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Chris Ward

How I Became a Professional Cook in France

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Thanks for putting all this up. It's been a good read.

Cheers.

 

 

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I know it's stew. What KIND of stew?

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Thanks very much for sharing this with us; I've enjoyed an in-depth view of a world foreign to me in more ways than one.

 

When you teach your classes on restaurant management, and talk to your students about the restaurant world, how honest are you about the challenges of making a living at it?  Do you share the pitfalls and challenges with the starry-eyed would-be chefs, or decide simply to let them follow their dreams and find out for themselves? 


Nancy Smith, aka "Smithy"
HosteG Forumsnsmith@egstaff.org

"Every day should be filled with something delicious, because life is too short not to spoil yourself. " -- Ling (with permission)

"There comes a time in every project when you have to shoot the engineer and start production." -- author unknown

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1 hour ago, Smithy said:

Thanks very much for sharing this with us; I've enjoyed an in-depth view of a world foreign to me in more ways than one.

 

When you teach your classes on restaurant management, and talk to your students about the restaurant world, how honest are you about the challenges of making a living at it?  Do you share the pitfalls and challenges with the starry-eyed would-be chefs, or decide simply to let them follow their dreams and find out for themselves? 

I'm brutally honest, but they remain starry-eyed. I show them extracts from a documentary about Georges Blanc whose Maison Blanc at Vonas in the Ain in NE France has a turnover of €2 million a year and a profit of 2% in a good year. I show how he makes all his money from the souvenir shop, hotel, spa, boulangerie, brasserie and so on - and all they hear is 'So he makes a €2 million profit by owning the whole village". They all think they'll become millionaires.

Actually most of them want to become hotel managers and they ultimately realise that most hotel restaurants are a necessary evil - you have to have one to attract customers, and you're happy if they break even.

I do an interesting class where they have to create and cost a menu and calculate the number of staff they'll need to cook and serve it in the type of restaurant they want. They ALL employ between a half and a quarter of the staff they really need and make a huge profit on day one, and don't believe me when I say there'll be no day 2 if you're paying someone the wages of a Second and expecting them to do a chef's job, or someone in the dining room the wages of a Chef de rang and expecting them to act as maitre d'hotel.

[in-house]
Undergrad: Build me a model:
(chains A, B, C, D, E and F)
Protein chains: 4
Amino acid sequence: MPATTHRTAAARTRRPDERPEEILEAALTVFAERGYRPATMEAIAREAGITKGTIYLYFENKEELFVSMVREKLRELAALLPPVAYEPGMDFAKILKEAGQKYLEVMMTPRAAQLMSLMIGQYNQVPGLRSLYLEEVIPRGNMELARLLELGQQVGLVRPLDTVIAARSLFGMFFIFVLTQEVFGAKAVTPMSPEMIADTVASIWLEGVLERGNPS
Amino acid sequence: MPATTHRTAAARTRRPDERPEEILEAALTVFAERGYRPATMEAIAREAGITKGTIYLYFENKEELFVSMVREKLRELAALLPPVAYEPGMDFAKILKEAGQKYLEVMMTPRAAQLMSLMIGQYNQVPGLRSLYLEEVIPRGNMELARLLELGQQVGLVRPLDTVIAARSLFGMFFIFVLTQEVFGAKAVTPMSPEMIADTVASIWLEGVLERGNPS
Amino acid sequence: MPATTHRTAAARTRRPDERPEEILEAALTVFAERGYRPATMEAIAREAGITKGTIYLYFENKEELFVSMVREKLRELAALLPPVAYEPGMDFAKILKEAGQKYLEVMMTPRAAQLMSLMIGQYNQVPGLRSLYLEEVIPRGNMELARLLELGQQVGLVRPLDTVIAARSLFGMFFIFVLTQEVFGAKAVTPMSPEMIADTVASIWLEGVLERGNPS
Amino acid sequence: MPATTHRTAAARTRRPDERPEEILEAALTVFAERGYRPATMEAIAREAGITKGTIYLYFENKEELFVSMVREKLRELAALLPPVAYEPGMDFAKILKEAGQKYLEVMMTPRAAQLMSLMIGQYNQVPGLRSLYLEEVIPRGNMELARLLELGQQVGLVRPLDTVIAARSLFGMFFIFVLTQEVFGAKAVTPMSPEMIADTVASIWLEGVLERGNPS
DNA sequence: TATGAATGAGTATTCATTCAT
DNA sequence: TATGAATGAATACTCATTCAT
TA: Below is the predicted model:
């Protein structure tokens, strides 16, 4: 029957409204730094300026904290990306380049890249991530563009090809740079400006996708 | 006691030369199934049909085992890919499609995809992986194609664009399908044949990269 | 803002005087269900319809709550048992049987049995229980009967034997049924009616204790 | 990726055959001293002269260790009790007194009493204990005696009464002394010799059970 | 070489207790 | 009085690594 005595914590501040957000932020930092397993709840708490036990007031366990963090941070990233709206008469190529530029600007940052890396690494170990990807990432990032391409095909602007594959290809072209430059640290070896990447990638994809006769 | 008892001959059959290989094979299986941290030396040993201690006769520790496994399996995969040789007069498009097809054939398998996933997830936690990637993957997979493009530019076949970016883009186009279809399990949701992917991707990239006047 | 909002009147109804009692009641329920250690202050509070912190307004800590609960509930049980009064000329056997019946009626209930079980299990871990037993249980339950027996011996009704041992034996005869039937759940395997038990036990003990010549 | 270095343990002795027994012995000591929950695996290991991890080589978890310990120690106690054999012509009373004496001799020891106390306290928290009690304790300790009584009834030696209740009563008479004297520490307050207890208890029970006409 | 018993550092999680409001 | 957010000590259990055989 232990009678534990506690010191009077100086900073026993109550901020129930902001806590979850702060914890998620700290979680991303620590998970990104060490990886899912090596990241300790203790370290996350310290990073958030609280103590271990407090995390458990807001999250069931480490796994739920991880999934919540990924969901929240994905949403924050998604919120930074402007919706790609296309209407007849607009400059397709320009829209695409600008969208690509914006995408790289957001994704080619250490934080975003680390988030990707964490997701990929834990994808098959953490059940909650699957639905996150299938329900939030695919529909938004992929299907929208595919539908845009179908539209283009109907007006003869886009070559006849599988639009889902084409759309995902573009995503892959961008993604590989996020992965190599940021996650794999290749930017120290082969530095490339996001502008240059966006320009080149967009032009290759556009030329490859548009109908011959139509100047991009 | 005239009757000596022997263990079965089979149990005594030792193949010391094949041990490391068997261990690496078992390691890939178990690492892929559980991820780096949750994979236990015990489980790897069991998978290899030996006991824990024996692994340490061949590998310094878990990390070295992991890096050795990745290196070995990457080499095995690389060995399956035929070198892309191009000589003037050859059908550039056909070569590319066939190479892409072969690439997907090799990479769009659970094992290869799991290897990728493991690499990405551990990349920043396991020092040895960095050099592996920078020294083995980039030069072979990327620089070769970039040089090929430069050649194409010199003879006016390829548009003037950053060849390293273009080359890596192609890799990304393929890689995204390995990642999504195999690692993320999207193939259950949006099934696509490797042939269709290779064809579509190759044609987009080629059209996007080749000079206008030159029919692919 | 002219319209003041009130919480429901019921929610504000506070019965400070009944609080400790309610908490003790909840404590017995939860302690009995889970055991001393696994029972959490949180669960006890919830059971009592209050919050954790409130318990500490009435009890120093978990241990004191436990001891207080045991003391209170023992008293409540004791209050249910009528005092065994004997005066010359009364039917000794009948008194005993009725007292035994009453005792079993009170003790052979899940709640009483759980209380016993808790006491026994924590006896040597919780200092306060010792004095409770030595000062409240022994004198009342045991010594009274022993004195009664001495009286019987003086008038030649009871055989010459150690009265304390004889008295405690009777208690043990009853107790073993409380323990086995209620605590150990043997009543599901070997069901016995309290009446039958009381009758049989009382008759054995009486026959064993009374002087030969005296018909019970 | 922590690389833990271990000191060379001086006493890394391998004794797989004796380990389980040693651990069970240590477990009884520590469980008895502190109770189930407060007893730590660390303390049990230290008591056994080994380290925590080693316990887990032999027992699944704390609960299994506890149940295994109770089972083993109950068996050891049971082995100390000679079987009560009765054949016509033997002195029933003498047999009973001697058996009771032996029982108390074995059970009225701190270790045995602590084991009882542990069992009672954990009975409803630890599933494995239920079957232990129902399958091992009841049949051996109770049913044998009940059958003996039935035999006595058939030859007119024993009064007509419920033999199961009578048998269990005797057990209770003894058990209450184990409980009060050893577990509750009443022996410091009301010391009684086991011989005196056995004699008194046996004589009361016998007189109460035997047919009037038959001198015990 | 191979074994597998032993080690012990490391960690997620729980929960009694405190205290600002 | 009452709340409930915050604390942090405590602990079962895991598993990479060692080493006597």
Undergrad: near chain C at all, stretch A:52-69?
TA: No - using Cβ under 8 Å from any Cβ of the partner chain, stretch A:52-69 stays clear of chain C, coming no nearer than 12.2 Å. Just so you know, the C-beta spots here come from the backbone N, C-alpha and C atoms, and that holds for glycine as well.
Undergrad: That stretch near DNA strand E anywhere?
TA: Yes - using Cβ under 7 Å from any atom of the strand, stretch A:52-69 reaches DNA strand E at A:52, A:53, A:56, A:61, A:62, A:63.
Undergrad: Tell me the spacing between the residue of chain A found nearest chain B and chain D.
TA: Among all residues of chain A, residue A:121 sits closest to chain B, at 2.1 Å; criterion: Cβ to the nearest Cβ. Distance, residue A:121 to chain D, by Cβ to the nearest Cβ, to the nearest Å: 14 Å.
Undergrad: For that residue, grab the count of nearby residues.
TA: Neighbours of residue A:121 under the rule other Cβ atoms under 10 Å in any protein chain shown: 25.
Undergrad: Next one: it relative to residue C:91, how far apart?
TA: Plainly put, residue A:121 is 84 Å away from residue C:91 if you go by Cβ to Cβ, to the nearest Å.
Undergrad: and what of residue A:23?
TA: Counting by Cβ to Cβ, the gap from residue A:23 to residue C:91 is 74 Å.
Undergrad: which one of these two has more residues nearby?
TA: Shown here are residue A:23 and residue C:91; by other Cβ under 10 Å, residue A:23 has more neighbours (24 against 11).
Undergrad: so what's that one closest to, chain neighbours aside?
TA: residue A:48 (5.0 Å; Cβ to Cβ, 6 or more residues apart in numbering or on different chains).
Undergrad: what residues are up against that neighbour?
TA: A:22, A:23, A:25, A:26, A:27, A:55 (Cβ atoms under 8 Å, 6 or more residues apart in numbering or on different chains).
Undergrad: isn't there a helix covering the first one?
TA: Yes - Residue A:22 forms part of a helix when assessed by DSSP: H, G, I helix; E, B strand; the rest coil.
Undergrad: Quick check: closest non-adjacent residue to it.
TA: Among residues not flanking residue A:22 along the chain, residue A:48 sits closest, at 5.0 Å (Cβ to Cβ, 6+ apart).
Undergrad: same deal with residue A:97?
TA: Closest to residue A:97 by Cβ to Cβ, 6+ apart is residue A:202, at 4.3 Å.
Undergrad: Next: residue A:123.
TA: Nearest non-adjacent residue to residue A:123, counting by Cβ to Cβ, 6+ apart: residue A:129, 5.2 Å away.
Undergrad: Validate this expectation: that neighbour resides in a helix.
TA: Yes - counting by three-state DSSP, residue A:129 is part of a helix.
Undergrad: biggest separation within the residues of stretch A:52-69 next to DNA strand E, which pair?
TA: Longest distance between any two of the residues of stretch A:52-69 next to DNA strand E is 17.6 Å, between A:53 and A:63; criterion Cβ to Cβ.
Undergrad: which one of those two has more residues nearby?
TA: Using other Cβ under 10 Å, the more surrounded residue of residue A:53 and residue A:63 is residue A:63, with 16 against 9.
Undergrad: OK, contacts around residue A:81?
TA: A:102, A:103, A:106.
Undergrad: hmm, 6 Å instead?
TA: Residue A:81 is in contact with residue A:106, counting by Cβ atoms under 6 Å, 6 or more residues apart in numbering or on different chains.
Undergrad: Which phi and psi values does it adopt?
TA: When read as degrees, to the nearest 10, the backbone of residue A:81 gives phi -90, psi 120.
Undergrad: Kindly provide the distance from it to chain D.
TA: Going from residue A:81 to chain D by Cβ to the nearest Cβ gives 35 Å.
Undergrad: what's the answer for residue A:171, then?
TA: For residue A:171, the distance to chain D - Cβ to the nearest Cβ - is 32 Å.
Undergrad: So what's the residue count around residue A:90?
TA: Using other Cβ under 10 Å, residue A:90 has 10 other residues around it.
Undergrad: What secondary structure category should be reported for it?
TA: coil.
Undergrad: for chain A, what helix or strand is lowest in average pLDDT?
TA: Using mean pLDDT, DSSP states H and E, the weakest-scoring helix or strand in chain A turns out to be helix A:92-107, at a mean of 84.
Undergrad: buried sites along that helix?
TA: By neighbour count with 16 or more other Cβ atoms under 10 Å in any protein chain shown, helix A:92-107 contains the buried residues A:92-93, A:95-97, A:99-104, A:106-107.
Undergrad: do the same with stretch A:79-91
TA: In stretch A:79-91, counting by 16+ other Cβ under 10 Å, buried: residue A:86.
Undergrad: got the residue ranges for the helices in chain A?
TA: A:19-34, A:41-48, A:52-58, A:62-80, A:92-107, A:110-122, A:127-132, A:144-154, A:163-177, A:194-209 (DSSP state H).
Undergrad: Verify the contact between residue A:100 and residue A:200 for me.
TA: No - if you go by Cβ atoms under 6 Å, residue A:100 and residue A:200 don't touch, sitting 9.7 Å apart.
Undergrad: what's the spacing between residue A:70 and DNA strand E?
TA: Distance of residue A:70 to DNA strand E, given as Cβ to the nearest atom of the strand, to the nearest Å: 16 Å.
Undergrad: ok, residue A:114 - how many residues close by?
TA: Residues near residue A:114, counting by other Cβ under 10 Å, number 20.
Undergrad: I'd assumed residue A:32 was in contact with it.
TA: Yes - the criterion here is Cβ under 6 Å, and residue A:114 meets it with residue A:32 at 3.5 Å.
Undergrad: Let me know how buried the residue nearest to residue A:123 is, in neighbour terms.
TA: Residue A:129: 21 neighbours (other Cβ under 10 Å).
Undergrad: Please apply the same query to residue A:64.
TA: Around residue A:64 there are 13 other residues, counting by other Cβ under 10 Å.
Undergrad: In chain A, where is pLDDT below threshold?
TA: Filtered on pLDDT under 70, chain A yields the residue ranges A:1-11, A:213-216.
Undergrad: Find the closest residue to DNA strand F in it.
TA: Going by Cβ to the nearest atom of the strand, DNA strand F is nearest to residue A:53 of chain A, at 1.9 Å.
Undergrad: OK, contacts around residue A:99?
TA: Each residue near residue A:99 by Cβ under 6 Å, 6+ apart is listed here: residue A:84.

They're money people, which ultimately is the breed which controls restaurants and hotels now.

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Chris Ward

http://eatsleepcookschool.wordpress.com

I wrote a book about learning to cook in the South of France: http://mybook.to/escs

 

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So catching the golden ring isn't just a pilot fantasy, but applies in the food world as well.  That sounds like an interesting exercise you do.  Probably, given the nature of students, some of them will value the lesson later and realize what you were trying to say.

 

This is a new concept to me: 

23 minutes ago, Chris Ward said:

...most hotel restaurants are a necessary evil - you have to have one to attract customers, and you're happy if they break even.

 

Do you think that's peculiar to France, or to most developed countries?  I think I'll start a topic in the broader forums to ask.

 

Edit: and so I have. *click*


Edited by Smithy Added link to new topic (log)
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Nancy Smith, aka "Smithy"
HosteG Forumsnsmith@egstaff.org

"Every day should be filled with something delicious, because life is too short not to spoil yourself. " -- Ling (with permission)

"There comes a time in every project when you have to shoot the engineer and start production." -- author unknown

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2 hours ago, Chris Ward said:

They ALL employ between a half and a quarter of the staff they really need and make a huge profit on day one, and don't believe me when I say there'll be no day 2 if you're paying someone the wages of a Second and expecting them to do a chef's job, or someone in the dining room the wages of a Chef de rang and expecting them to act as maitre d'hotel.

 

 

That was the problem at the last place I worked for someone else as their chef de cuisine. The owners were amateurs, who -- to give them due credit -- had an excellent, well-thought out concept and a sound business plan. Their issue was that they expected the kitchen staff -- at 50 cents over minimum wage -- to work as if they had an ownership stake in the place. Even worse, failure to live up to this unrealistic expectation brought an almost-immediate storm of criticism and bitchiness, with the predictable result that cooks left very quickly. That's not a good thing at the best of times, but especially so in a small town where word spreads in a hurry. We were always short at least one body, and usually more.